Do I Have to Get My Bunions Removed?
If you’re having foot pain from a bunion that’s beginning to appear, there are a variety of solutions to try before even thinking of surgery. Many times bunions are hereditary, although some can result from the shoes you wear. Even if your bunions are in your genes, there are remedies to slow their progression and avoid severe discomfort.
It’s important to get treatment early. Left untreated, bunions can lead to foot deformities and additional problems that interfere with walking and daily life. Following are the most effective bunion treatments, ranging from simple home remedies to surgery, which is a last resort.
Home Remedies: Icing and Pain Relievers
Apply an ice pack at the end of a long day to ease discomfort or swelling. Take over-the-counter pain medication for temporary relief; long-term use can damage internal organs and lead to other complications.
Examine your shoe collection. If you have a lot of high heels with pointed toes and wear them every day to work, you may need to give your feet a break. Try saving the stilettos for an occasional night out and give your feet a rest the remainder of the week. Choose shoes with ample width in the toe area. Many stylish shoes now have elastic slits on the sides to allow breathing room for your foot. Open-toed shoes or sandals that have elastic or cloth on the upper part are an option for warm months. You may be able to stop your bunion’s progression by choosing better foot support.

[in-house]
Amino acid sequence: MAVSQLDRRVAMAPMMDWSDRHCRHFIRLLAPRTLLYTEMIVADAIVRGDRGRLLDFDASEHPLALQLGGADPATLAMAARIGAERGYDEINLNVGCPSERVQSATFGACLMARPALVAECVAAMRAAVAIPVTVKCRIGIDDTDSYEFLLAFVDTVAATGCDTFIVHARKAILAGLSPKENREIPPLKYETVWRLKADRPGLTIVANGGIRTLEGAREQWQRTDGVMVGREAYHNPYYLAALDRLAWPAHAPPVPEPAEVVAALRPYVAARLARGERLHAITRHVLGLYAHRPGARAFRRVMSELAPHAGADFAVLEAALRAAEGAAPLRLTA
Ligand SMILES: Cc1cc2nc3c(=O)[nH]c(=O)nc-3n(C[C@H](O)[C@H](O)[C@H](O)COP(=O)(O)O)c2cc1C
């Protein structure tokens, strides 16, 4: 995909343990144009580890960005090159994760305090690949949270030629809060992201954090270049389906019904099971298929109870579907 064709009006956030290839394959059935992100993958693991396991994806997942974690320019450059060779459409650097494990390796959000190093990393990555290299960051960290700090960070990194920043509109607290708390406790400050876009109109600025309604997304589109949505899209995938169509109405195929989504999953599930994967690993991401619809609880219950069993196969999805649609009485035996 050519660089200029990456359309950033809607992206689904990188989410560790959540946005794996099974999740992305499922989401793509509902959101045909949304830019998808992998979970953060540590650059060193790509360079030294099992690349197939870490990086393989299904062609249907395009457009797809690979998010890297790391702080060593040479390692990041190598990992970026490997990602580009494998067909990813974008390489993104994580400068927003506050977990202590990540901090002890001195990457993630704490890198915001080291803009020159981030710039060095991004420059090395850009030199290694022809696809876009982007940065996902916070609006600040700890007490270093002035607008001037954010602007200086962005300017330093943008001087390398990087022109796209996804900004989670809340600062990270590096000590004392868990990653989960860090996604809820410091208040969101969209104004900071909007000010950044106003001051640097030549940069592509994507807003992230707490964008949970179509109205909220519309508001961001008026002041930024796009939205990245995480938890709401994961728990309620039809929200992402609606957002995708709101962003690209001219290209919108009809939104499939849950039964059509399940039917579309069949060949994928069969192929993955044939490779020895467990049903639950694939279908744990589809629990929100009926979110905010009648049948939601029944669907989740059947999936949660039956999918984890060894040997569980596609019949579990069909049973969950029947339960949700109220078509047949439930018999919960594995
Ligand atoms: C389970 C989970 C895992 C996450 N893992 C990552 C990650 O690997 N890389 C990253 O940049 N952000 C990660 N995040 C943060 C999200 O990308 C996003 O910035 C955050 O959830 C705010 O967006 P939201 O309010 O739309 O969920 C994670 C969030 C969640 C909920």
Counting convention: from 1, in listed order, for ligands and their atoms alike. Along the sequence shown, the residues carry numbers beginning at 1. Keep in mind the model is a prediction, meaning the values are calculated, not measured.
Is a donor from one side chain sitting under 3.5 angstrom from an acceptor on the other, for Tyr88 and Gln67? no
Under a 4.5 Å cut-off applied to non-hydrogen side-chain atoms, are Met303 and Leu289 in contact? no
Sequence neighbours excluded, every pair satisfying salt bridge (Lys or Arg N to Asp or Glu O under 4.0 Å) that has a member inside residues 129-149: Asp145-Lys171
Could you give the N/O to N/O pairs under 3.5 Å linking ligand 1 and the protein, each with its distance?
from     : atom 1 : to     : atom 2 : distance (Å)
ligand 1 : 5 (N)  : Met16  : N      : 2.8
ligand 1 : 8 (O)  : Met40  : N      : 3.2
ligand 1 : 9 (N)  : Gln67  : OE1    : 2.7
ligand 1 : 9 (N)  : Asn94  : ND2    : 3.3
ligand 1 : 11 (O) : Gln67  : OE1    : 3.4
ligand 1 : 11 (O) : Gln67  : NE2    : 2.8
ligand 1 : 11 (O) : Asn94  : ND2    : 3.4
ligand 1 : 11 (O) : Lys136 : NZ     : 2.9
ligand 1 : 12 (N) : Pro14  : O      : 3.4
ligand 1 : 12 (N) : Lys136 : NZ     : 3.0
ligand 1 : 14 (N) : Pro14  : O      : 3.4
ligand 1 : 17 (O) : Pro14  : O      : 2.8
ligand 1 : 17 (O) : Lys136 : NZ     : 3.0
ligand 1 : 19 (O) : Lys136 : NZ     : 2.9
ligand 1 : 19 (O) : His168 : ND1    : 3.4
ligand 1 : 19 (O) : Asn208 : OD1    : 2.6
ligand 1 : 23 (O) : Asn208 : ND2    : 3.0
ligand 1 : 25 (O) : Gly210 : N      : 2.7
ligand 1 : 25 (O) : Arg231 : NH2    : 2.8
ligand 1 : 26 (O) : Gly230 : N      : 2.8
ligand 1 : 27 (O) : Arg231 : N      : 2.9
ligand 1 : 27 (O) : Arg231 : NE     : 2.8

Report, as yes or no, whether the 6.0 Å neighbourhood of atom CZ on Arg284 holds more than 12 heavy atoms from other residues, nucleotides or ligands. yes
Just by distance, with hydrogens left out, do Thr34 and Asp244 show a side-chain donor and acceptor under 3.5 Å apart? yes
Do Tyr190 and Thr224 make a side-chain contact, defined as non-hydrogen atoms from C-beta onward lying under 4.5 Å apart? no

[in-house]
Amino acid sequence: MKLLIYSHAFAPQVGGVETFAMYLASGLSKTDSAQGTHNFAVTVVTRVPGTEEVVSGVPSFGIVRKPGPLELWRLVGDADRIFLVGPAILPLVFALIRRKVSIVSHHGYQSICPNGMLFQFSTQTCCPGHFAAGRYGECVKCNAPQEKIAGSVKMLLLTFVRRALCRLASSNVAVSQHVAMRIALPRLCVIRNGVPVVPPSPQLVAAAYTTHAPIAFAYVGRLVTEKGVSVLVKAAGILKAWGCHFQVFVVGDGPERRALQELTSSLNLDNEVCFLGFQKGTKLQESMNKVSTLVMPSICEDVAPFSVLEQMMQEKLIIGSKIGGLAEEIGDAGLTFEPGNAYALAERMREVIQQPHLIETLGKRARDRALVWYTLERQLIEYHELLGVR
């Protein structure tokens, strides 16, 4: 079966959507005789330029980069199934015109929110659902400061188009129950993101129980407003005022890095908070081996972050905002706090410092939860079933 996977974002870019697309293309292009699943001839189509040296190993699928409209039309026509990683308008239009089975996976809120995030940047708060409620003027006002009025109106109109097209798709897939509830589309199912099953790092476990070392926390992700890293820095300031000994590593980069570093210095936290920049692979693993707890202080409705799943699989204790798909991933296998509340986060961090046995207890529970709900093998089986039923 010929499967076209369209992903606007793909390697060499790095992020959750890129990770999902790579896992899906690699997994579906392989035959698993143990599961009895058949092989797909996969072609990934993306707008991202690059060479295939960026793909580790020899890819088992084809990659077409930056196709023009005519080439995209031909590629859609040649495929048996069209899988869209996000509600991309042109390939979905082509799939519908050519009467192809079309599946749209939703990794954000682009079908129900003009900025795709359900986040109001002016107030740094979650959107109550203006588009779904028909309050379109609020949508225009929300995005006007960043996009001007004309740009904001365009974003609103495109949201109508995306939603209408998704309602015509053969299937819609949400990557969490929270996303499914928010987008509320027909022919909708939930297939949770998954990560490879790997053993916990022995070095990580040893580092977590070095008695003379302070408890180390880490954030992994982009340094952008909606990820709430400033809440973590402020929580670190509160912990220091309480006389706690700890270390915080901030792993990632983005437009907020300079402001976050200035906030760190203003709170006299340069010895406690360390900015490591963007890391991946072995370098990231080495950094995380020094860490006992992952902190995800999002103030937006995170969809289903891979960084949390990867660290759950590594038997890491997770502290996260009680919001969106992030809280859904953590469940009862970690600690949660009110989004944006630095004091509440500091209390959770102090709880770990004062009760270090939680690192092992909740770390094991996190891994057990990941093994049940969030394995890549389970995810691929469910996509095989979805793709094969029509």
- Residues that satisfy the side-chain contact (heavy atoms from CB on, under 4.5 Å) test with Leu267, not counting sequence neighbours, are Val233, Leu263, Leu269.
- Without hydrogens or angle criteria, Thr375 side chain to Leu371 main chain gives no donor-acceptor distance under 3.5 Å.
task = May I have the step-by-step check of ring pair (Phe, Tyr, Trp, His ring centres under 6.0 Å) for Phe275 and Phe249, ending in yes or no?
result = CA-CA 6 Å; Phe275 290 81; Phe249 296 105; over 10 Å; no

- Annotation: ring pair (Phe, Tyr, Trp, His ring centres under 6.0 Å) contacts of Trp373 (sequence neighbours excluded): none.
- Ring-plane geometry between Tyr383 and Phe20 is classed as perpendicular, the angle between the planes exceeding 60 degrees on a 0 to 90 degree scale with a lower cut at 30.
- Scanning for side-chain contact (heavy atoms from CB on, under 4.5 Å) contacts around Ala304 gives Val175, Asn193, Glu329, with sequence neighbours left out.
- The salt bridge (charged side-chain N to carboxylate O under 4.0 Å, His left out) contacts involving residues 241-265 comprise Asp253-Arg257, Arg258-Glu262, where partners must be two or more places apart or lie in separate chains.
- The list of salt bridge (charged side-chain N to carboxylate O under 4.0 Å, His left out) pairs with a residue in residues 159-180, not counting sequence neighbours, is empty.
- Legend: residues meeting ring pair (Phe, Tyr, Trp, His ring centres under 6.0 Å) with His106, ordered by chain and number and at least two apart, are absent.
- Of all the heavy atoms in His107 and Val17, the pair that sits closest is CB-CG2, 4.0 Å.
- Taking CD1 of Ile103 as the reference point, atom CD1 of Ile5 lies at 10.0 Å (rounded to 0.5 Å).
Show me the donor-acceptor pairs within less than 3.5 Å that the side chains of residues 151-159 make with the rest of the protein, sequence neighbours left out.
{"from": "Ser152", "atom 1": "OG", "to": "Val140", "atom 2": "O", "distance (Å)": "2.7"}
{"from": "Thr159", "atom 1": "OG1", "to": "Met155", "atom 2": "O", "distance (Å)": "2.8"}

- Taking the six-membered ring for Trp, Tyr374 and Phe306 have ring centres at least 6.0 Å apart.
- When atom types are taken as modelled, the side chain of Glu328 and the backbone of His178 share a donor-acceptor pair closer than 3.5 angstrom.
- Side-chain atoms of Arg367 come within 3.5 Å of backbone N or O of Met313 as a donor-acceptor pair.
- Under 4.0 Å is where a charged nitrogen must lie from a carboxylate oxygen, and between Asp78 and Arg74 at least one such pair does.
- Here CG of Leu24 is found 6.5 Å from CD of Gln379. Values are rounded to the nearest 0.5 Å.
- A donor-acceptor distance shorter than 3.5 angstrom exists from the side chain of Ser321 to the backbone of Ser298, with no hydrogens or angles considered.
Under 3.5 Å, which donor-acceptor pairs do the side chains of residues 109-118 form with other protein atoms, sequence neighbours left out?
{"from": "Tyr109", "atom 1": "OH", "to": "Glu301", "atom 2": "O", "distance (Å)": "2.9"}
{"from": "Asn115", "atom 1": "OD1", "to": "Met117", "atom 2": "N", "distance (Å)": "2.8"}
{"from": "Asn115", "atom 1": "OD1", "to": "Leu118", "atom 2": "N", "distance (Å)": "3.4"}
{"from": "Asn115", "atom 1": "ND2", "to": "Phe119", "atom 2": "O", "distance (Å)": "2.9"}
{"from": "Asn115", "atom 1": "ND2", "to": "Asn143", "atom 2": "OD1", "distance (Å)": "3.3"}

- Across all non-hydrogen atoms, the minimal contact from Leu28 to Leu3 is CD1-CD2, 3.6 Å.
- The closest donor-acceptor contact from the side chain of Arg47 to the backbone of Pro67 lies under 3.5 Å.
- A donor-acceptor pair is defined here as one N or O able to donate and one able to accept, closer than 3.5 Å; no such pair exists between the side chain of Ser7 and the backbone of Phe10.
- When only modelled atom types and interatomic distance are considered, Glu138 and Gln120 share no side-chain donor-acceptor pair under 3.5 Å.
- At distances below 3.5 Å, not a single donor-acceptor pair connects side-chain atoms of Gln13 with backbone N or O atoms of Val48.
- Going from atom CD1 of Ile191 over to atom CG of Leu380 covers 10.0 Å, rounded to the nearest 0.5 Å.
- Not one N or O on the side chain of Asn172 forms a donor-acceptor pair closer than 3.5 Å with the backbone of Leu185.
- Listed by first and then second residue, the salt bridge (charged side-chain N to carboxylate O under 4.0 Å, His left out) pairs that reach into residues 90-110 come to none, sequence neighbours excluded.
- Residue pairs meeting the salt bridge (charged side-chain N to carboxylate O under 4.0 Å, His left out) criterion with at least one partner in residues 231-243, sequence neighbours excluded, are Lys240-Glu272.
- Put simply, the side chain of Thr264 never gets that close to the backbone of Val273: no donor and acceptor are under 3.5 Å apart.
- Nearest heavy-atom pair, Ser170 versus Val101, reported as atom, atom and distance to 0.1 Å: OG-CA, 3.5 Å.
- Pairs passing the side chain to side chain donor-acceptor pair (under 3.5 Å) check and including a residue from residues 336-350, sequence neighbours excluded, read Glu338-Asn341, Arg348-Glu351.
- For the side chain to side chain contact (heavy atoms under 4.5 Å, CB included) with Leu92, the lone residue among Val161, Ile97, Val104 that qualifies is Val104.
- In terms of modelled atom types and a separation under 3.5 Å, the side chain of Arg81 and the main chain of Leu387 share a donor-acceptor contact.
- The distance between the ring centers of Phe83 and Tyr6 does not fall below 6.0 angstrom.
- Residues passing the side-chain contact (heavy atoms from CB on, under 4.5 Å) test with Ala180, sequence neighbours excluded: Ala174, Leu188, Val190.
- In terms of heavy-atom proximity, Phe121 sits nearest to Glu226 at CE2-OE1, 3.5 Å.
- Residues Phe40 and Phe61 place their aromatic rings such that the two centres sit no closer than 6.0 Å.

Dr. LaMour examines your walking gait and determines if the way you move is contributing to the bunion. If your gait is a culprit, the shoe inserts you find in stores may cushion your walk, but they won’t correct what’s causing the bunion.
Dr. LaMour may suggest orthotics, which are prescription shoe inserts. In Dr. LaMour’s office, a machine records an impression of your foot. He sends that impression to a lab that makes the orthotics. The orthotic may have extra support for your toe joint; it’s made to help correct your gait and better support your foot.
Dr. LaMour may prescribe daily exercises to keep your joint supple and maintain your flexibility. These are easy to do at home and can even be fun; one example is picking up marbles with your toes.
Dr. LaMour may provide you with a night splint to keep the toe straight at night. At first it may feel odd, but just as with a retainer for your mouth, after a while it feels normal.
Depending on the case, Dr. LaMour may inject cortisone into the joint. Cortisone may provide medium to long-term pain relief. However, without remedying what is causing the bunion, the pain is very likely to recur, and the bunion may progress to a more severe stage.
Surgery is a last resort
If nothing else has helped you, surgery might be required. If your toe is severely deformed and if you’re having pain when you walk, Dr. LaMour performs a bunionectomy.
Many people who need bunion surgery are retirement age or older, having put decades of wear and tear on their feet. Bunions, if untreated, can cause hammertoe and arthritis, exacerbating your foot problems. Surgery corrects the malformation of your big toe, removing the bump. It involves correcting the position of bones, ligaments, tendons, and nerves.
Call or book an appointment online with Jeffery W. LaMour, DPM, PA for relief from your foot pain today.
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